Stand Up Guys: A gangster flick for Grandad?
A feature-length directorial debut from Fisher Stevens, Stand Up Guys tells the story of Val (Al Pacino), a former member of a stick-up gang who has just served 28 years in prison for murder. The film begins with Val being collected by his friend and former gang member Doc (Christopher Walken), who seems determined to show his old pal a good time. They play pool, they eat steak, they even go to visit their old favourite haunt – a ‘house of ill repute’ named Wendy’s. It isn’t long before Val begins to realise that his friend has an ulterior motive.
Doc has been sent by Claphands (Mark Margolis), a crime boss who wants Val dead. It turns out that the murder Val was sentenced for was that of Claphands’ only son – an incident Val maintains was an accident that saw his son caught in the crossfire at a botched robbery, one in which Doc was also involved. Doc is charged with the job of killing his friend upon his release, and the entire film sees Doc battling with his conscience over the assignment.
While Doc agonises over his prescribed task, they decide to go and rescue the third member of their gang and trusty getaway driver, Hirsch (Alan Arkin), from his residence at a retirement home.
Arkin’s character injects some much needed life into the proceedings – almost immediately they find themselves in a high-speed chase in a stolen car, before another visit to Wendy’s brothel reveals the seemingly decrepit Hirsch to be something of a love god.
Worth a look?
Stand Up Guys is billed as a ‘crime comedy’ and there are some genuinely funny moments; Val’s visit to the hospital after an overdose of Viagra is one of the laugh-out-loud moments, particularly when the doctor produces a giant needle and advises that the blood needs to be ‘sucked out’ of his penis. Another of the highlights is the comically unsubtle delivery by Pacino of the news of Hirsch’s death to his daughter. In other places though, the film is actually both heart-warming and sad. What you are presented with are three guys who are all painfully aware of the fact that the good times are behind them, as they strive to have one last night of fun together.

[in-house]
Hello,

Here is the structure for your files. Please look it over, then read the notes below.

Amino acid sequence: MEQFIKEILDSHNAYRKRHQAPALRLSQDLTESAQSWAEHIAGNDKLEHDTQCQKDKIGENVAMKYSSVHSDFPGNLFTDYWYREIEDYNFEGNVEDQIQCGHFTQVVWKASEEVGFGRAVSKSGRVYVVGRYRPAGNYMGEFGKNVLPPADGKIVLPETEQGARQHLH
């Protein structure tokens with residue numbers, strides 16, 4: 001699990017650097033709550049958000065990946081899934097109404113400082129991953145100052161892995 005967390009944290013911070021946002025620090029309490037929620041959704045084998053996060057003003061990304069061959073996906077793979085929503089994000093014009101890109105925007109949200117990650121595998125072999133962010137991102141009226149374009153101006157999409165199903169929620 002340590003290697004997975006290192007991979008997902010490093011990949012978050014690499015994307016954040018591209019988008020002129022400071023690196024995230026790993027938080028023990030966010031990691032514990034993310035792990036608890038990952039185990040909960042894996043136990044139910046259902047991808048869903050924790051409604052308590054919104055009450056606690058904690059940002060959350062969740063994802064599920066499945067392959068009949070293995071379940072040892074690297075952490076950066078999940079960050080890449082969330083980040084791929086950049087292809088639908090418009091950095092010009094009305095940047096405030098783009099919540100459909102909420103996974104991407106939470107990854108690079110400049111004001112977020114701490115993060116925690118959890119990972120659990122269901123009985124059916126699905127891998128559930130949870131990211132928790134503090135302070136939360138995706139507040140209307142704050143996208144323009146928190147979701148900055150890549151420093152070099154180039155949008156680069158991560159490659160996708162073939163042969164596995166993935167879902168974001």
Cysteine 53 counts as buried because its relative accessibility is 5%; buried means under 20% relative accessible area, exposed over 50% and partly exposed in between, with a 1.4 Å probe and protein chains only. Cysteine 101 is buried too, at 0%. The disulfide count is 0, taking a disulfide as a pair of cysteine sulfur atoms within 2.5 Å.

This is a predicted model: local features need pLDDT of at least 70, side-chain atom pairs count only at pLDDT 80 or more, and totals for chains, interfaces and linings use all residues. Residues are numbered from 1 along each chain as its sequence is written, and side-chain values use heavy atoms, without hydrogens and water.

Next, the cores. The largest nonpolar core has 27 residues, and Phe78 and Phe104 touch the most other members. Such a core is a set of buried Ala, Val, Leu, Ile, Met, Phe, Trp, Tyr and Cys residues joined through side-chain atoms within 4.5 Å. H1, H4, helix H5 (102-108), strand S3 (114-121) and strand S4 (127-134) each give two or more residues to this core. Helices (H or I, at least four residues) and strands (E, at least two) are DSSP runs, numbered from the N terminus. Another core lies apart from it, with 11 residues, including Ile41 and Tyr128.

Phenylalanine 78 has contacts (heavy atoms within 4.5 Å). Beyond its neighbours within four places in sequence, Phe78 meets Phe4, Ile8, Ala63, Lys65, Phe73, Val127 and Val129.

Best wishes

Looking at the stellar cast list you could easily assume that this is going to be pretty great movie, but it somehow doesn’t quite deliver. The film lacks any real tempo - particularly in the first 30 minutes - and it isn’t until the Hirsch character comes into play that the film really begins to come to life. Stevens is early in his directorial career and you can’t help but wonder if he might have been a little overawed by the presence of such huge stars as Pacino and Walken.
What Stand Up Guys does do though is create a sense of empathy with its protagonists, struggling to come to terms with an ever-changing world in which they feel they no longer have a part to play. The closing scene gives you a ‘walking off into the sunset’ kind of feeling, which only serves to underline the element of melancholy that runs throughout the film. Like the tagline says, they don’t make ‘em like they used to.
Stand Up Guys is available in stores now